1. A regular occupation, especially one for which a person is particularly suited or qualified.
a. An inclination or aptness for a certain kind of work: a vocation for medicine.
b. Theology A calling of an individual by God, especially for a religious career.
[Middle English vocacioun, divine call to a religious life, from Old French vocation, from Latin vocātiō, vocātiōn-, a calling, from vocātus, past participle of vocāre, to call; see wekw- in the Appendix of Indo-European roots.]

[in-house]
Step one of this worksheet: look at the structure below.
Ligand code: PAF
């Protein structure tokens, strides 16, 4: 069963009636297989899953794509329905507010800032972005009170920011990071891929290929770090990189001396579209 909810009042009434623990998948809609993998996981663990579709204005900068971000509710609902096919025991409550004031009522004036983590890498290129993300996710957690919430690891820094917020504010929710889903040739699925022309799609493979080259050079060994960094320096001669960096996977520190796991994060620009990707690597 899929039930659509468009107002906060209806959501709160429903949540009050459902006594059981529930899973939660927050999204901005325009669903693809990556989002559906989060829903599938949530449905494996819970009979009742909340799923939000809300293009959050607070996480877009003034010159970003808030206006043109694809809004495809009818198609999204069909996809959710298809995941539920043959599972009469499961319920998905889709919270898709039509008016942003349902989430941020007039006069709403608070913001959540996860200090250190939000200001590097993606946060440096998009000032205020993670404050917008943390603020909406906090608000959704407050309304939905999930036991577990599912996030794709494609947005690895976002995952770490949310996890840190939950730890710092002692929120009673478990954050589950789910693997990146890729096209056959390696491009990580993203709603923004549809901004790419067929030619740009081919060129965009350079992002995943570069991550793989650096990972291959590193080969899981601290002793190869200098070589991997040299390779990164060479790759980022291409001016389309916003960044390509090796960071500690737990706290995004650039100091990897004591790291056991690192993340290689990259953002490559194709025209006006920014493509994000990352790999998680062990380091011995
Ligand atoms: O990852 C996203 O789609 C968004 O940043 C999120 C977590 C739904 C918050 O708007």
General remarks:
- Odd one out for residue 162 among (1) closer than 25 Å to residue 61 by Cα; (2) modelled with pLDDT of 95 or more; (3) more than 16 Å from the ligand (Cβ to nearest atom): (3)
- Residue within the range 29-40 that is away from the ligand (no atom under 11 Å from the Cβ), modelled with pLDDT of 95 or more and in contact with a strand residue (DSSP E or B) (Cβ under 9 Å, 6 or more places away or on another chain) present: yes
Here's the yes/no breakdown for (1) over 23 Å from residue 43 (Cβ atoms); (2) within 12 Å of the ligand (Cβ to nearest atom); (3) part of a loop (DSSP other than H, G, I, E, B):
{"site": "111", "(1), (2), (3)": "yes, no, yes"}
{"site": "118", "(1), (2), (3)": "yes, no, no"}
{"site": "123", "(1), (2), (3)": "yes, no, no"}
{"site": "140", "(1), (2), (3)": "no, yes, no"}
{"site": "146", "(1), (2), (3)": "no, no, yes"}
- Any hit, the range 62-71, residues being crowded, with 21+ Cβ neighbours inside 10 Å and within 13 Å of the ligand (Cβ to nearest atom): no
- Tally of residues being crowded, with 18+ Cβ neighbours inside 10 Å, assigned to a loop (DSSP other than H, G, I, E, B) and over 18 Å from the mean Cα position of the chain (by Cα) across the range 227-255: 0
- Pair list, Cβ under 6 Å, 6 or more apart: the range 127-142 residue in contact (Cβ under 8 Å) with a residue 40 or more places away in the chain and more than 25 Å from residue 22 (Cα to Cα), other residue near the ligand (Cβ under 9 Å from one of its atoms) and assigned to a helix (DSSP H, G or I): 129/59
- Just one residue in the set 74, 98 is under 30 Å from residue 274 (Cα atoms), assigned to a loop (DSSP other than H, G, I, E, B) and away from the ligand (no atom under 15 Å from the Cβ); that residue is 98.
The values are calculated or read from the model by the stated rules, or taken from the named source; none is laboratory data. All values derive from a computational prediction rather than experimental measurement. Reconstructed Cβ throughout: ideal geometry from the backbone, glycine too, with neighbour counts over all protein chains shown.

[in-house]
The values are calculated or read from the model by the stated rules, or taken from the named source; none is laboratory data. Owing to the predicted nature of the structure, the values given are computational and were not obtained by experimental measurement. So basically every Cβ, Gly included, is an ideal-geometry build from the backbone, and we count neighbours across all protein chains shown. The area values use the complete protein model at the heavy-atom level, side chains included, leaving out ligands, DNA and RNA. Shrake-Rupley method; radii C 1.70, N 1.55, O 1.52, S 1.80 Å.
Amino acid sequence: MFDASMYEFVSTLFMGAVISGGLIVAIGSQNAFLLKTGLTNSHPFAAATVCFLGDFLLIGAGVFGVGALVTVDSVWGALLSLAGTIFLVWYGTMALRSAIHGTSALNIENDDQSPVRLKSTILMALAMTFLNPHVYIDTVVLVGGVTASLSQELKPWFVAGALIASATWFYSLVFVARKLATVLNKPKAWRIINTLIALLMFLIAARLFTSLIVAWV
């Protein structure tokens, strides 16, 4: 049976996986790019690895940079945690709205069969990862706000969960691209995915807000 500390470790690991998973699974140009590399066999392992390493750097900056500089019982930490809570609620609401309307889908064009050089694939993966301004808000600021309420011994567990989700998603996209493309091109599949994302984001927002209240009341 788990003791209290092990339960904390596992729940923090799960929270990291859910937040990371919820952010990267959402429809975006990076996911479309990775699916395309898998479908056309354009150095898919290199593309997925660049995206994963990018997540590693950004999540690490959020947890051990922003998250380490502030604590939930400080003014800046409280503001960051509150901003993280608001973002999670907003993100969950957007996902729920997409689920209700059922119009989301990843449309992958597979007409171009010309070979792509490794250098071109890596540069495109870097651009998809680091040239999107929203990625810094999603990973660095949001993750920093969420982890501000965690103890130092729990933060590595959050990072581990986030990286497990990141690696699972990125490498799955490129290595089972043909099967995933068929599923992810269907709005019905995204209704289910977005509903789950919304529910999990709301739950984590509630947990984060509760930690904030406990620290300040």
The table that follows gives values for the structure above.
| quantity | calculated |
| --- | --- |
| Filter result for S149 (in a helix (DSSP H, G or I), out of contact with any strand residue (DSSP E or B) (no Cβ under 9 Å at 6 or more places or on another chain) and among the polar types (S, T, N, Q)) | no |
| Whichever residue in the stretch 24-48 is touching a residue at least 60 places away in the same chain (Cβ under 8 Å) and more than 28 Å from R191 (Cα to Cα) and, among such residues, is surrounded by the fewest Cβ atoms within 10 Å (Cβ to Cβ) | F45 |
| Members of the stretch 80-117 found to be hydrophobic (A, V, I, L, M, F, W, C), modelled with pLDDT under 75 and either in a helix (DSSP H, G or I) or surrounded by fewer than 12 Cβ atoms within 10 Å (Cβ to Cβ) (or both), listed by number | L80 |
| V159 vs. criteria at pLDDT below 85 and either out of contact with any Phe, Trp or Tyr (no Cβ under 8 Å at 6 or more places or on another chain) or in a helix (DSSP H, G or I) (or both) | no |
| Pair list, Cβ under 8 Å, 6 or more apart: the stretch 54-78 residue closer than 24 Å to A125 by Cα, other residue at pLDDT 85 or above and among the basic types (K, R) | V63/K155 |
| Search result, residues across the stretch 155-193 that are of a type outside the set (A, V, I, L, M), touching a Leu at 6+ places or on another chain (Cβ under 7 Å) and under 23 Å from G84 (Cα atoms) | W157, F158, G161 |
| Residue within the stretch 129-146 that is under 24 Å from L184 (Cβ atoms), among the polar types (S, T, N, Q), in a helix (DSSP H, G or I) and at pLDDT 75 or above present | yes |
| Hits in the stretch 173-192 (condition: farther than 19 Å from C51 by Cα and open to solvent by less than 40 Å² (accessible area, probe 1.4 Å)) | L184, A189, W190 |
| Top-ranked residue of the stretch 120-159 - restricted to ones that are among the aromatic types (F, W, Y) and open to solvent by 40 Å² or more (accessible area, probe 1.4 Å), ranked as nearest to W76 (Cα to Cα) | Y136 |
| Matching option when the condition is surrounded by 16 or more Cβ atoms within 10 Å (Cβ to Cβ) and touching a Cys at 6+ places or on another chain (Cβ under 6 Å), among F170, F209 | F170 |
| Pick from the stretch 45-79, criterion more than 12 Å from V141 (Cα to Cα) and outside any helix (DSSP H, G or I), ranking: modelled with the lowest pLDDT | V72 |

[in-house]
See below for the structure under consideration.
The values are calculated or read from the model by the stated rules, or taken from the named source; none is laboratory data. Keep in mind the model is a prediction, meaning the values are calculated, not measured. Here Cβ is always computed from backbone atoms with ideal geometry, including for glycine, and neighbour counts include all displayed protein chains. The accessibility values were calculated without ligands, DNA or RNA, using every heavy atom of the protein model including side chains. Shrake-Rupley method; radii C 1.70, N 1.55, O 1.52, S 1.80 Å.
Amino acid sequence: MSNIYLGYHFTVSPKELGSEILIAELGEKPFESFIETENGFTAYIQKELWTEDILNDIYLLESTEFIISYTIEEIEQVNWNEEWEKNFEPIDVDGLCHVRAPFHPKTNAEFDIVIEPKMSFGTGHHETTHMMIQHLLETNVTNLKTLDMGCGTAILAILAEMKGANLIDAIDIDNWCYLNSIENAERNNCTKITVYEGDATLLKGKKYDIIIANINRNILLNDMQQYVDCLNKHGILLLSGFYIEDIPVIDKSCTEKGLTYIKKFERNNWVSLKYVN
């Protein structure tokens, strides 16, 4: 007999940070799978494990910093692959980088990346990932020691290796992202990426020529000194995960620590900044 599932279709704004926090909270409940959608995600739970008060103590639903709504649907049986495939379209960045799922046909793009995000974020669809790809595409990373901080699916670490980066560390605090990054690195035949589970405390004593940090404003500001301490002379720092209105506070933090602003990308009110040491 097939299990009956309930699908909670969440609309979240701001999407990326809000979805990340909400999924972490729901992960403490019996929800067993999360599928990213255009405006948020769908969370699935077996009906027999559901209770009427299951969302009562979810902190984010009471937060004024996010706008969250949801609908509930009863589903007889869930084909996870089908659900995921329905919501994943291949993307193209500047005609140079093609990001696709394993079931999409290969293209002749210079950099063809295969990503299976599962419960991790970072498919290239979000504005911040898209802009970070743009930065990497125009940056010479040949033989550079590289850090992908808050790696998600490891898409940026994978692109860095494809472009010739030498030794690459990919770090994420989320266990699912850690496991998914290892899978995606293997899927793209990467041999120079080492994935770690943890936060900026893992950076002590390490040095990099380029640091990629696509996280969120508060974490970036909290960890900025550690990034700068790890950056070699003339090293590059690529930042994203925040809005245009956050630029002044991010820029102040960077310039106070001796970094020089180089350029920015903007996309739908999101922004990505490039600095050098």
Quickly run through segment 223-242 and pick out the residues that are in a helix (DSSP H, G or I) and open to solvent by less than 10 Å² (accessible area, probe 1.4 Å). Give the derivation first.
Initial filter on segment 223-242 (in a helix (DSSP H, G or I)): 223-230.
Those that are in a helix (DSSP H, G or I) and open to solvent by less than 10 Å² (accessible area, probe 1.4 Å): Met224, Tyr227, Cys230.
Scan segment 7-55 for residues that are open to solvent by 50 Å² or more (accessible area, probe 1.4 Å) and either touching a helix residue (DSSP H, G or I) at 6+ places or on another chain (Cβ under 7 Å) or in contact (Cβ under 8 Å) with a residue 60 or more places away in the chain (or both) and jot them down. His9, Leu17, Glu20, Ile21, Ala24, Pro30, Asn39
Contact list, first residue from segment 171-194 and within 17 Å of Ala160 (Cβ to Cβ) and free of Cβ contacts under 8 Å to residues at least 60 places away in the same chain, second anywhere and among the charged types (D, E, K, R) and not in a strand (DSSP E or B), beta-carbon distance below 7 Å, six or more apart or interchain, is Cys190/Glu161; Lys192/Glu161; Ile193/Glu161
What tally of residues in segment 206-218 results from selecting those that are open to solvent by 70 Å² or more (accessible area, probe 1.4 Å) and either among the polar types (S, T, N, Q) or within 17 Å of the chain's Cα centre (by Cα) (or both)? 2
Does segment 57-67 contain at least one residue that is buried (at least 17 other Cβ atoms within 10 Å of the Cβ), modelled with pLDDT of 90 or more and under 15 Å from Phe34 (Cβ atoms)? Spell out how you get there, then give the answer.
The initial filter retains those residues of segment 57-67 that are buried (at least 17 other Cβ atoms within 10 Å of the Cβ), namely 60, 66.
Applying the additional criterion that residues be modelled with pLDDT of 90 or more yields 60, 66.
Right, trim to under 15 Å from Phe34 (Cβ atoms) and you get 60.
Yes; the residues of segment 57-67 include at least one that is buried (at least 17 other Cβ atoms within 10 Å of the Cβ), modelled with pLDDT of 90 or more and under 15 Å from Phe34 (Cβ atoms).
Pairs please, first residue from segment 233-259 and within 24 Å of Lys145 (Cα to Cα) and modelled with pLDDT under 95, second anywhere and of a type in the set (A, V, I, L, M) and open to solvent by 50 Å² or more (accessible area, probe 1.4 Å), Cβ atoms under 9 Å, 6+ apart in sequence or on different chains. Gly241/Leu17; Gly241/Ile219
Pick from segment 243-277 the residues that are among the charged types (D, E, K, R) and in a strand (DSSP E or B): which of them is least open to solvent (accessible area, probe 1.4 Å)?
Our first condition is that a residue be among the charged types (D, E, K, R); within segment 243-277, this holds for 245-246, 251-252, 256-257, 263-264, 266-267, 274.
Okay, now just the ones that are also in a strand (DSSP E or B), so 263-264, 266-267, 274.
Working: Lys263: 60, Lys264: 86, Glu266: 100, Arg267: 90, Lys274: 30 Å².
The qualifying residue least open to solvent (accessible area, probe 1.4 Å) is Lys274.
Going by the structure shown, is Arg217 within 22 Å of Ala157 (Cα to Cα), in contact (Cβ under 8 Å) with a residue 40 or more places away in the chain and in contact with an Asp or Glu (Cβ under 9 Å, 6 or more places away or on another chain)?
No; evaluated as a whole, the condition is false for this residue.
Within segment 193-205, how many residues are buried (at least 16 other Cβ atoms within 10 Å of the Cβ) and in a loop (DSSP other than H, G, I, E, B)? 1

The American Heritage® Dictionary of the English Language, Fifth Edition copyright ©2018 by Houghton Mifflin Harcourt Publishing Company. All rights reserved.
Indo-European & Semitic Roots Appendices
Thousands of entries in the dictionary include etymologies that trace their origins back to reconstructed proto-languages. You can obtain more information about these forms in our online appendices:
The Indo-European appendix covers nearly half of the Indo-European roots that have left their mark on English words. A more complete treatment of Indo-European roots and the English words derived from them is available in our Dictionary of Indo-European Roots.